renormalisation
https://plus.maths.org/content/category/tags/renormalisation
enGoing with the flow — part II
https://plus.maths.org/content/going-flow-part-ii
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Marianne Freiberger and Rachel Thomas </div>
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<p>In the <a href="https://plus.maths.org/content/going-flow-0">first part of this article</a> we saw how statistical physics provided a way of zooming in and out of a system to examine it on many scales. Kadanoff's block spin method is an example of a powerful general idea called the <em>renormalisation group</em>. Ironically, this isn't actually a group in the usual, strict mathematical sense (you can read more about mathematical groups in <a href="https://plus.maths.org/content/os/issue39/features/colva/index">The power of groups</a>).<p><a href="https://plus.maths.org/content/going-flow-part-ii" target="_blank">read more</a></p>https://plus.maths.org/content/going-flow-part-ii#commentsasymptotic freedomfundamental forcesparticle physicsquantum electrodynamicsquantum field theoryrenormalisationstrong nuclear forceThu, 27 Mar 2014 17:48:54 +0000mf3446038 at https://plus.maths.org/contentGoing with the flow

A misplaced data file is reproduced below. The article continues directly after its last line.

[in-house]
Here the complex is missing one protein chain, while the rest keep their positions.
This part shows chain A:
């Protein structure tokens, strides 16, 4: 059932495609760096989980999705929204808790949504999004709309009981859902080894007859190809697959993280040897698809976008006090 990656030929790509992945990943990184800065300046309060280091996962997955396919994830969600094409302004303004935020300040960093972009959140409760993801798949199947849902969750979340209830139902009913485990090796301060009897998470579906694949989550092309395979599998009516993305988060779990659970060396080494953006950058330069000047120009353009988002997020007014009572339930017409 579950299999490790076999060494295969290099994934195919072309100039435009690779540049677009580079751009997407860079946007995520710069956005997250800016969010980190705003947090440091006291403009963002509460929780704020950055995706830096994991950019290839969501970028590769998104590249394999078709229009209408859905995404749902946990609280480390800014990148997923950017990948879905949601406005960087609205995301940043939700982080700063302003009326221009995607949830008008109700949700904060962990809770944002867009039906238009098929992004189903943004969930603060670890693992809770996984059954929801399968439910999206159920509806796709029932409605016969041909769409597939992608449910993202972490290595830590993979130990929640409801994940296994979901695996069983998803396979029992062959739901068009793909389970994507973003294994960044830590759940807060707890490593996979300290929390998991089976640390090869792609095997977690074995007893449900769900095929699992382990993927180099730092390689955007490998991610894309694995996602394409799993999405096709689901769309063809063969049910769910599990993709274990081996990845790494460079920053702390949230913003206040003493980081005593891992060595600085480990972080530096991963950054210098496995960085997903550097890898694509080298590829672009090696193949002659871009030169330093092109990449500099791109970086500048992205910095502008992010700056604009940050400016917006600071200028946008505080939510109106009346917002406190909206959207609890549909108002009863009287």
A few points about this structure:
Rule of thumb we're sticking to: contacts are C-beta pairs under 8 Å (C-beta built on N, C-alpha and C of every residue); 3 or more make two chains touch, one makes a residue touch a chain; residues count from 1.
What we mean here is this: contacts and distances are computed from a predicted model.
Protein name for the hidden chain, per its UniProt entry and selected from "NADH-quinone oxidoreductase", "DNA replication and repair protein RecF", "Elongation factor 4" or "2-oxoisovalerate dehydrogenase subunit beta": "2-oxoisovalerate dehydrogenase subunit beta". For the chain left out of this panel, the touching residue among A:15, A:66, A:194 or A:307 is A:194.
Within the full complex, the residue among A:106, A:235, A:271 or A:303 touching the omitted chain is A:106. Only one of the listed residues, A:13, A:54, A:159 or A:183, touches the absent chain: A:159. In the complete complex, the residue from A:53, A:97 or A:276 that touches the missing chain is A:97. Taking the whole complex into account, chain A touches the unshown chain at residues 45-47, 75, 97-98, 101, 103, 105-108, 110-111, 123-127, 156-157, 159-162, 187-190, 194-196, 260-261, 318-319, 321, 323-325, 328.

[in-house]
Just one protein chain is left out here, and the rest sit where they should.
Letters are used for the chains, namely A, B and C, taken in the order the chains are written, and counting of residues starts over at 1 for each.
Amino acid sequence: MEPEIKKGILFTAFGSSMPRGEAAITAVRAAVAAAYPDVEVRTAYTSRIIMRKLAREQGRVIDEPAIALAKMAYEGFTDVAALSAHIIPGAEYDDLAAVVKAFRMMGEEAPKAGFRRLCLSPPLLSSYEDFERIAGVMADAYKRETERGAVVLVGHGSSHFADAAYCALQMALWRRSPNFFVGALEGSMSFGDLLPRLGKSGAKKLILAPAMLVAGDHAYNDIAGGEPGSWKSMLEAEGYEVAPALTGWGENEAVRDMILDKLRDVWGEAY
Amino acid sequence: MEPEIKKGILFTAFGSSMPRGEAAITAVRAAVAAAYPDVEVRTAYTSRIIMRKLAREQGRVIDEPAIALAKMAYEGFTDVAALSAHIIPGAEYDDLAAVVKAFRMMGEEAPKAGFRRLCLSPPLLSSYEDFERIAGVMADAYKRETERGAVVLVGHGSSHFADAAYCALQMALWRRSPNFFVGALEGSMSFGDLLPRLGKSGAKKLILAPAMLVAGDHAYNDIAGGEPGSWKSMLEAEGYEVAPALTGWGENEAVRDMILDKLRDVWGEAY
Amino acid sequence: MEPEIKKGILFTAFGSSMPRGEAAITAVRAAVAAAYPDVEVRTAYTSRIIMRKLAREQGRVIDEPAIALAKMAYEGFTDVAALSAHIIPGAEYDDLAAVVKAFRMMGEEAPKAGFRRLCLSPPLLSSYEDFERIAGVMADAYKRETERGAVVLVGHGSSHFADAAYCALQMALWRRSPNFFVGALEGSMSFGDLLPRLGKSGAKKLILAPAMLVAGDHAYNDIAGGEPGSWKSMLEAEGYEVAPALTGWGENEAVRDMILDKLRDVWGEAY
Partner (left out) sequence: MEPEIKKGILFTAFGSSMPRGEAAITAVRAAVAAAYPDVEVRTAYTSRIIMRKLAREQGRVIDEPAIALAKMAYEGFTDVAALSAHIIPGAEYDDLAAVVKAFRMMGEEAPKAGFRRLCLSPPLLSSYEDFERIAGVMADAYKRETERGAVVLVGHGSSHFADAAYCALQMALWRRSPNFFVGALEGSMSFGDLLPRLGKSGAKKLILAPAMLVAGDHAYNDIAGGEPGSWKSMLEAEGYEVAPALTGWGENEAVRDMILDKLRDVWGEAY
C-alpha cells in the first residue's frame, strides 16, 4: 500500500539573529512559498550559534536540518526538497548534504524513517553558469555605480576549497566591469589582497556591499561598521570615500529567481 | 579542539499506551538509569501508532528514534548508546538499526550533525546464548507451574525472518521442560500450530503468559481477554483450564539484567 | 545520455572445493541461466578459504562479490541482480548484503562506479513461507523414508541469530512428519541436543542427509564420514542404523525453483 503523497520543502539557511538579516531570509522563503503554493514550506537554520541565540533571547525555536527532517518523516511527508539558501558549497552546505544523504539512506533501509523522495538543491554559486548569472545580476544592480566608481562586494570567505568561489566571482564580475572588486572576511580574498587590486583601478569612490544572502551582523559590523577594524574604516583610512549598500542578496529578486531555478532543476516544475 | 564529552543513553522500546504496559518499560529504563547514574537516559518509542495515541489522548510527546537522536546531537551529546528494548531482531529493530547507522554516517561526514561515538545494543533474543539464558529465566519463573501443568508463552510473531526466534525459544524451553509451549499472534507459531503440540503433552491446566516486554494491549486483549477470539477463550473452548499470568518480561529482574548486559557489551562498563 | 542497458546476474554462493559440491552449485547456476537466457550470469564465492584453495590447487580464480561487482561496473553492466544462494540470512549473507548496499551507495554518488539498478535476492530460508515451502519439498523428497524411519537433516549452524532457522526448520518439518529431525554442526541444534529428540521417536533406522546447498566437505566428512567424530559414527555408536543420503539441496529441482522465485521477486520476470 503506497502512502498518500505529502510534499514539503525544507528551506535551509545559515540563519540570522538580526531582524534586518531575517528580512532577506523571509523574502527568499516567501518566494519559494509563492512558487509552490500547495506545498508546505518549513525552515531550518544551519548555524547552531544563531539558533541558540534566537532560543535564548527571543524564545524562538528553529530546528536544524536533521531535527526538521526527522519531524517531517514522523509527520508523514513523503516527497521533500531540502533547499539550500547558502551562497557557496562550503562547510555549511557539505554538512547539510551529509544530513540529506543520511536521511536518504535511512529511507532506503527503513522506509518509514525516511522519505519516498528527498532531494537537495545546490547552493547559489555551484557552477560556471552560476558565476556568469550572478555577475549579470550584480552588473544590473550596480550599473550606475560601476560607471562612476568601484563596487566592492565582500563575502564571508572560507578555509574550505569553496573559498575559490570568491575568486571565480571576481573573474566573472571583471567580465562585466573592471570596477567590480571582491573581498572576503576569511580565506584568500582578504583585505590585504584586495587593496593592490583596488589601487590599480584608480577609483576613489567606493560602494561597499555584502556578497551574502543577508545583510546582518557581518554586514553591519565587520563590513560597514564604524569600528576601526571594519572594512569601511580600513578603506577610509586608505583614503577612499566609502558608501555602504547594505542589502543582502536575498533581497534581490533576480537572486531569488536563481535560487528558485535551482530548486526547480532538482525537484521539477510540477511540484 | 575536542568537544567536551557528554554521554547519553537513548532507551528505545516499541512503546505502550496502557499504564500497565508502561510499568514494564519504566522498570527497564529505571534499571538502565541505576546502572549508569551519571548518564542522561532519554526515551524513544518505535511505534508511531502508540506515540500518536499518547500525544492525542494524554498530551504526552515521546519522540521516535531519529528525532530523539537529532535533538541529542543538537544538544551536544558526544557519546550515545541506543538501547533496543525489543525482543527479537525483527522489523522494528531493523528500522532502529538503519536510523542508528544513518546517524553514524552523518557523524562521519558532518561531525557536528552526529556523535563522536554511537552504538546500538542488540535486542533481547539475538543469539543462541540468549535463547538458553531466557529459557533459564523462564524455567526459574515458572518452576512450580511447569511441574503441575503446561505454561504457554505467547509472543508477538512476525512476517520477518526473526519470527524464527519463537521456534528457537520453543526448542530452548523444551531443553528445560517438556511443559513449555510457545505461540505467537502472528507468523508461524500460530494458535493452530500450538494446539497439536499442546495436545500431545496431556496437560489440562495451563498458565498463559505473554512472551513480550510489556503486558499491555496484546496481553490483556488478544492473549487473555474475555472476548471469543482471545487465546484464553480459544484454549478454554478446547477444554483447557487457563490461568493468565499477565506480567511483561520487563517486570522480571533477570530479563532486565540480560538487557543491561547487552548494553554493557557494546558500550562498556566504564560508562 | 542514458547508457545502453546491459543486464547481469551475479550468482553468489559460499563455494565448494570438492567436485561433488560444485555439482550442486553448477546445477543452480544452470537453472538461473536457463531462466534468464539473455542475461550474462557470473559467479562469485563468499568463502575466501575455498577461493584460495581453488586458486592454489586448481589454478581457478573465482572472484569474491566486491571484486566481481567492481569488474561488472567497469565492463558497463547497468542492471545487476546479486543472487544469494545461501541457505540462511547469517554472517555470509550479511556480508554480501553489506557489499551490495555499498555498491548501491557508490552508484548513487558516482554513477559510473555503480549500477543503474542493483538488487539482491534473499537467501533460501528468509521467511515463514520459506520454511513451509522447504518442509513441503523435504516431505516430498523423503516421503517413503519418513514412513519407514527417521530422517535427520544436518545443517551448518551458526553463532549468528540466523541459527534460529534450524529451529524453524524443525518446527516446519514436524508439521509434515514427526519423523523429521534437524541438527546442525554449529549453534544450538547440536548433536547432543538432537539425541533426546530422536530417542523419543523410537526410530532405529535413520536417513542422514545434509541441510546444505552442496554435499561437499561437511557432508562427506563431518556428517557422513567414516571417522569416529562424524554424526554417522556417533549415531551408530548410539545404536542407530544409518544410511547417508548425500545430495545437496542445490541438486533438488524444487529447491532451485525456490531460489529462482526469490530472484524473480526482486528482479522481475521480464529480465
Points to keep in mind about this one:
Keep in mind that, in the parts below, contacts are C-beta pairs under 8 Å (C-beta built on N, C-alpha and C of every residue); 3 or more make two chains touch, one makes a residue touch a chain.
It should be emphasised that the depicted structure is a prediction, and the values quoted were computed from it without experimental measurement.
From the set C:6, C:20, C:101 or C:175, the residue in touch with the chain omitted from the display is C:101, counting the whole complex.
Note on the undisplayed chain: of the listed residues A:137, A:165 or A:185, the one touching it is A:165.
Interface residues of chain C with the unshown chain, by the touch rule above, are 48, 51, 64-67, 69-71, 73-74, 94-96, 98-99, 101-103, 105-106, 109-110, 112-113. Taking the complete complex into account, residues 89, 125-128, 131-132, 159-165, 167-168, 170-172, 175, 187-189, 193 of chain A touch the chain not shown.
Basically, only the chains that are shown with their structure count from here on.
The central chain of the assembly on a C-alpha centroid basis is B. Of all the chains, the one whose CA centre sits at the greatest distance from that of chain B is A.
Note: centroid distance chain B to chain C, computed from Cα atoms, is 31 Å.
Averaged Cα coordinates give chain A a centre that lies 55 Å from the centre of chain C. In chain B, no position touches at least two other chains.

https://plus.maths.org/content/going-flow-0
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Marianne Freiberger and Rachel Thomas </div>
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<p>By the 1970s physicists had successfully tamed three of the fundamental forces using a sophisticated construct called quantum field theory. The trouble was that the framework seemed to fall apart when you looked at very high or very low energy scales. So how could these be thought of as valid theories? It's a question physicists are still grappling with today.</p>
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<p><em>In the <a href="https://plus.maths.org/content/strong-free">last article</a> we saw that asymptotic freedom allowed the strong force that binds nuclei together to be described by a quantum field theory. But the perturbative calculations only worked at high energies when the strong coupling constant becomes small. Similarly, it seemed that quantum electrodynamics, the theory that described the interaction of light and matter, only worked at sufficiently low energies. If they did not work at all energy scales, how could these be thought of as valid theories? What is a valid theory, anyway?<p><a href="https://plus.maths.org/content/going-flow-0" target="_blank">read more</a></p>https://plus.maths.org/content/going-flow-0#commentsasymptotic freedomfundamental forcesparticle physicsquantum electrodynamicsquantum field theoryrenormalisationstrong nuclear forceThu, 27 Mar 2014 17:25:51 +0000mf3446037 at https://plus.maths.org/content